The Weather in Proust (Series Q)
The Weather in Proust gathers pieces written by the eminent critic and theorist Eve Kosofsky Sedgwick in the last decade of her life, as she worked toward a book on Proust. This book takes its title from the first essay, a startlingly original interpretation of Proust. By way of Neoplatonism,... show more
The Weather in Proust gathers pieces written by the eminent critic and theorist Eve Kosofsky Sedgwick in the last decade of her life, as she worked toward a book on Proust. This book takes its title from the first essay, a startlingly original interpretation of Proust. By way of Neoplatonism, Buddhism, and the work of Melanie Klein, Sedgwick establishes the sense of refreshment and surprise that the author of the Recherche affords his readers. Proust also figures in pieces on the poetry of C. P. Cavafy, object relations, affect theory, and Sedgwick’s textile art practices. More explicitly connected to her role as a pioneering queer theorist are an exuberant attack against reactionary refusals of the work of Guy Hocquenghem and talks in which she lays out her central ideas about sexuality and her concerns about the direction of US queer theory. Sedgwick lived for more than a dozen years with a diagnosis of terminal cancer; its implications informed her later writing and thinking, as well as her spiritual and artistic practices. In the book’s final and most personal essay, she reflects on the realization of her impending death. Featuring thirty-seven color images of her art, The Weather in Proust offers a comprehensive view of Sedgwick’s later work, underscoring its diversity and coherence.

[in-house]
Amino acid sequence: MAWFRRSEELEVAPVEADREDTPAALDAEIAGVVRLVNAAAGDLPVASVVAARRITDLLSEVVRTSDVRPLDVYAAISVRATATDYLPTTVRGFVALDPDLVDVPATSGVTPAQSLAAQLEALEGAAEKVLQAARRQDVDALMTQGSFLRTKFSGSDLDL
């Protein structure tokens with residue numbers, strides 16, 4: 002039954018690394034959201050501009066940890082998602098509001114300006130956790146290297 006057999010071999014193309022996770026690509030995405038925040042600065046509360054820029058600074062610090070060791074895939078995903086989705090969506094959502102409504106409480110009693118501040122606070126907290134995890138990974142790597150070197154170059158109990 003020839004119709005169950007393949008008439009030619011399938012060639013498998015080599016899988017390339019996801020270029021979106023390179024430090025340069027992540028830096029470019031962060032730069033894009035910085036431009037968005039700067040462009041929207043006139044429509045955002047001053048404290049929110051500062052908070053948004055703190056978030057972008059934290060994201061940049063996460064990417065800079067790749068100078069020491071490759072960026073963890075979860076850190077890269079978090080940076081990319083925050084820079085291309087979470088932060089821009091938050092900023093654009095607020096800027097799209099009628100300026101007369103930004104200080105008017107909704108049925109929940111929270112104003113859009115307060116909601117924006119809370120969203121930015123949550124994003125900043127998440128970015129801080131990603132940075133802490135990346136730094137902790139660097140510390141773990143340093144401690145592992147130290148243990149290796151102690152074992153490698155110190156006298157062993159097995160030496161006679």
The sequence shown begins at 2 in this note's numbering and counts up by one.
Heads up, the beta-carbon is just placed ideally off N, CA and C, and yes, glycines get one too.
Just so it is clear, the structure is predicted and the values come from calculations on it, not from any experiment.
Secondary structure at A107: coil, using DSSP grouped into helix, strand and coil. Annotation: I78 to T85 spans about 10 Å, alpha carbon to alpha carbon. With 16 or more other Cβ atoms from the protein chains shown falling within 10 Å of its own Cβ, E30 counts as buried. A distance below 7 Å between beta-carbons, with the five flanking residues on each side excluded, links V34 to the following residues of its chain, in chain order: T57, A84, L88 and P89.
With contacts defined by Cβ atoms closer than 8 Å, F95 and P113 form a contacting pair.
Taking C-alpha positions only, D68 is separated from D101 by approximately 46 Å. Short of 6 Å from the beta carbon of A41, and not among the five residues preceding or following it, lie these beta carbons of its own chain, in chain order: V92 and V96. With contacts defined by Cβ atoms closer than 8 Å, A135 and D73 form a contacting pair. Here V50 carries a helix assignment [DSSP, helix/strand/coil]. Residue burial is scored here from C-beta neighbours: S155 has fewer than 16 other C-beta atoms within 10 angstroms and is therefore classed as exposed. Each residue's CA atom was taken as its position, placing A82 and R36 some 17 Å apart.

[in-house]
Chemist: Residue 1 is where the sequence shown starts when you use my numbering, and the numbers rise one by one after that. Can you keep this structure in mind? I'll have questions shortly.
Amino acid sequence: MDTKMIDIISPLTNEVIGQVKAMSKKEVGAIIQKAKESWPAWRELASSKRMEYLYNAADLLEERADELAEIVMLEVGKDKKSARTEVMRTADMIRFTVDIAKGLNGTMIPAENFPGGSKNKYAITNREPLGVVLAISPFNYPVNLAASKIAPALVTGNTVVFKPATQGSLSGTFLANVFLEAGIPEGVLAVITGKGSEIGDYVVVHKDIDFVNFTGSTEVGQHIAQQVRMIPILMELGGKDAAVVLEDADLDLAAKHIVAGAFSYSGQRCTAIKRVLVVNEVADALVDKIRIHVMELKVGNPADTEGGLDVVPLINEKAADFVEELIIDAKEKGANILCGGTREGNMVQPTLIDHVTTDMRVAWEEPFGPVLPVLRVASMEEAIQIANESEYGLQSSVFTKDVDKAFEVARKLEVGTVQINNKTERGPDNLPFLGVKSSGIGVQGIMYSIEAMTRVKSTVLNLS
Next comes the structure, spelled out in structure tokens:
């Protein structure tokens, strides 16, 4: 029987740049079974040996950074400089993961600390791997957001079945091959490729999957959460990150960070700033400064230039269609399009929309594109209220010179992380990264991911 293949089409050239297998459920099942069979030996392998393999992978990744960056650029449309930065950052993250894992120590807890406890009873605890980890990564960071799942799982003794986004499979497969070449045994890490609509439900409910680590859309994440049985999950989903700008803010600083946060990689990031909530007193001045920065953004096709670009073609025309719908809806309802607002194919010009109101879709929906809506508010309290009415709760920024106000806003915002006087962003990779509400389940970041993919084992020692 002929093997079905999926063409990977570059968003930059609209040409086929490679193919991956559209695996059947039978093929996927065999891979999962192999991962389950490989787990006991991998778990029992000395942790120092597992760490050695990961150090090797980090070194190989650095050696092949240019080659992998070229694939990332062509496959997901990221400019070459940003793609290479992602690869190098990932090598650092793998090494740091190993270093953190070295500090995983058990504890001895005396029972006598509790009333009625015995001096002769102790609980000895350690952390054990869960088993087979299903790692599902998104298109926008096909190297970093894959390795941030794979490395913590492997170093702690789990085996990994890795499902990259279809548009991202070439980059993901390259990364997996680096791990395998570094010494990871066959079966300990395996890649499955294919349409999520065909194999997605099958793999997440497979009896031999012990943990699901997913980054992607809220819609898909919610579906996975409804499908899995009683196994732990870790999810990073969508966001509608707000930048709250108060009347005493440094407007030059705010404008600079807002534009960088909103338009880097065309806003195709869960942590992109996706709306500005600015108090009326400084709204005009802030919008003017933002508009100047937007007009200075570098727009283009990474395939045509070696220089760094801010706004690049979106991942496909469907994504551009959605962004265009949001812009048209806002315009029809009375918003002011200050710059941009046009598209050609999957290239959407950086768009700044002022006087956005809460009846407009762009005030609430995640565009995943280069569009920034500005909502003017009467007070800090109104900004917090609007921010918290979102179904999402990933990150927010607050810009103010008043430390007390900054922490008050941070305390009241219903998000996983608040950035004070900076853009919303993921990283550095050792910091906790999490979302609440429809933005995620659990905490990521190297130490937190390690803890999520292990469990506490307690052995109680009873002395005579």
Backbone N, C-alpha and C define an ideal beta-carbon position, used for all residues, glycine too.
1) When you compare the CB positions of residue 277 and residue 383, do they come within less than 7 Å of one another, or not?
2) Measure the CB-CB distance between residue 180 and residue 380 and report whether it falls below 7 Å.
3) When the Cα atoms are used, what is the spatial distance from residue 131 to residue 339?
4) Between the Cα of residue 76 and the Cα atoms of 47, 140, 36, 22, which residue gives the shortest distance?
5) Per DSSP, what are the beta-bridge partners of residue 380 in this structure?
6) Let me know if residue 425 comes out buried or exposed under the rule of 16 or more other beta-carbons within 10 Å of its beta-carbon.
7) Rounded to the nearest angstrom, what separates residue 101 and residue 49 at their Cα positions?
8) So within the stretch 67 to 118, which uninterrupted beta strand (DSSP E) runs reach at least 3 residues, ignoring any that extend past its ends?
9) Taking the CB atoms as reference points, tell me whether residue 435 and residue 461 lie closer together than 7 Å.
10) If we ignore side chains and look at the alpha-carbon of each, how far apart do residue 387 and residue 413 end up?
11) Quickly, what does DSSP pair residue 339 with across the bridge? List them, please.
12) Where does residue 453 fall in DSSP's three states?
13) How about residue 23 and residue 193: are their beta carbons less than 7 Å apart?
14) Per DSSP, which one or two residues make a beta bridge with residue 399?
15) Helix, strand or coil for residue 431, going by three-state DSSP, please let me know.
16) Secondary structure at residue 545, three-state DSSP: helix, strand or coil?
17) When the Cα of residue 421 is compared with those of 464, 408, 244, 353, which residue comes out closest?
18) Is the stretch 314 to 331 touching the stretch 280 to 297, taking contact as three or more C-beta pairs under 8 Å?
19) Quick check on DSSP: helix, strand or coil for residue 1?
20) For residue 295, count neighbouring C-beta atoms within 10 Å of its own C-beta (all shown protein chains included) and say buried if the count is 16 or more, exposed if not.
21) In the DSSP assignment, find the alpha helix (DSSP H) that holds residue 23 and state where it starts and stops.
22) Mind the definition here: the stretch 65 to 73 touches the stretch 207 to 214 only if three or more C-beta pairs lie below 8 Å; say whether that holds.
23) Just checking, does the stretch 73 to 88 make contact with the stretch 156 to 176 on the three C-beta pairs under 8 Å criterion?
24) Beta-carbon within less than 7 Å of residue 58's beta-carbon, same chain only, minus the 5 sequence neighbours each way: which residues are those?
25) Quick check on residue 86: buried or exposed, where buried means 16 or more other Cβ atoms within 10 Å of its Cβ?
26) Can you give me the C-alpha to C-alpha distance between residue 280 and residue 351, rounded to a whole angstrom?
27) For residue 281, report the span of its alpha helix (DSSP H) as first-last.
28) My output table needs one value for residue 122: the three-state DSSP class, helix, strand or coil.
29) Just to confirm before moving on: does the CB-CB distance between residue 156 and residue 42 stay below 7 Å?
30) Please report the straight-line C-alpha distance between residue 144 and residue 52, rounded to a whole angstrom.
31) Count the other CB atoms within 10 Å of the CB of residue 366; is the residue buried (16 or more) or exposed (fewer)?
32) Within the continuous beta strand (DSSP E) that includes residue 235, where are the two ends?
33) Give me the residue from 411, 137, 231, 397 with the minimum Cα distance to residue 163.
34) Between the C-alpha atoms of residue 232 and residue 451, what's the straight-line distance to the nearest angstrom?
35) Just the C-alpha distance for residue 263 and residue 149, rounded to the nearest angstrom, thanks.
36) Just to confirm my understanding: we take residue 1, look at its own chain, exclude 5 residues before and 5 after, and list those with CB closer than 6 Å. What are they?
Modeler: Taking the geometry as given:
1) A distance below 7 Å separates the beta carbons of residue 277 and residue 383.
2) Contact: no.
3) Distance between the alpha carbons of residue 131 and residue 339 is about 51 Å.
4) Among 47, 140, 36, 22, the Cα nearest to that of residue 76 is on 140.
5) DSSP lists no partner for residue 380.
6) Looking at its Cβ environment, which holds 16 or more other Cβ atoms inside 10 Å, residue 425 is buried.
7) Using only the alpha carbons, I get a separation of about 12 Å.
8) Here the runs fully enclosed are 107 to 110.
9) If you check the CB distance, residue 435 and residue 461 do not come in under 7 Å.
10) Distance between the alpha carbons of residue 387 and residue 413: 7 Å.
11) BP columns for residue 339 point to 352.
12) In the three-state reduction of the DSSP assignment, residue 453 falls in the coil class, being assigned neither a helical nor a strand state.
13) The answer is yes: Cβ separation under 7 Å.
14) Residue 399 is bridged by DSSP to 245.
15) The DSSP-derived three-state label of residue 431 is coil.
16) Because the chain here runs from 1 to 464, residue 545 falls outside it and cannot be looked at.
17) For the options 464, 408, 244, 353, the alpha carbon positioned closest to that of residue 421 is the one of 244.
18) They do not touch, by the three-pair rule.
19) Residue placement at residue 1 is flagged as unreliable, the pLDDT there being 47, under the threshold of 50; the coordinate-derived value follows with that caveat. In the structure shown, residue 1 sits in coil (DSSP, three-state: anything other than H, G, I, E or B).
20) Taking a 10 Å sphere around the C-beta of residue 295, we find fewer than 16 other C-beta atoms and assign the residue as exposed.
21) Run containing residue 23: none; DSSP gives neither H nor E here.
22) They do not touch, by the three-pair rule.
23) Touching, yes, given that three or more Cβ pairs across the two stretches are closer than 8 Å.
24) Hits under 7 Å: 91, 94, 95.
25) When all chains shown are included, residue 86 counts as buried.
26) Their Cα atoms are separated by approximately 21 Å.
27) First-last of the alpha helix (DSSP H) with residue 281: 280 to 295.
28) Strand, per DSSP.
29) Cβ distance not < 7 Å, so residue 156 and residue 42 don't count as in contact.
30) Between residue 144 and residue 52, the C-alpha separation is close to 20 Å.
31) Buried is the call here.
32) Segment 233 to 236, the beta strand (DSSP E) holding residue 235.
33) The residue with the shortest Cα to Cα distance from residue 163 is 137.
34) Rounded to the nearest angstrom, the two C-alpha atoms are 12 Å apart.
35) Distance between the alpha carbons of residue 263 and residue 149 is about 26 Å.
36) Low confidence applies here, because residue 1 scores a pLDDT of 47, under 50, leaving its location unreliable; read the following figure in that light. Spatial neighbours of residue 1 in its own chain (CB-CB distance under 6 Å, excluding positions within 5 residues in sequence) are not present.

Publish date: 2011-12-20
Publisher: Duke University Press Books
Pages no: 240
Edition language: English
, Literary Criticism
, Cultural Studies
A Buddhist reading of Proust's obsession with reincarnation, atmospheric disturbances, and the way he handles and textualizes refreshment and surprise; bringing Proust into dialogue with Cavafy's poetry to discuss the interplay between desire, pedagogy, and the act of writing; Sedgwick's assessment ...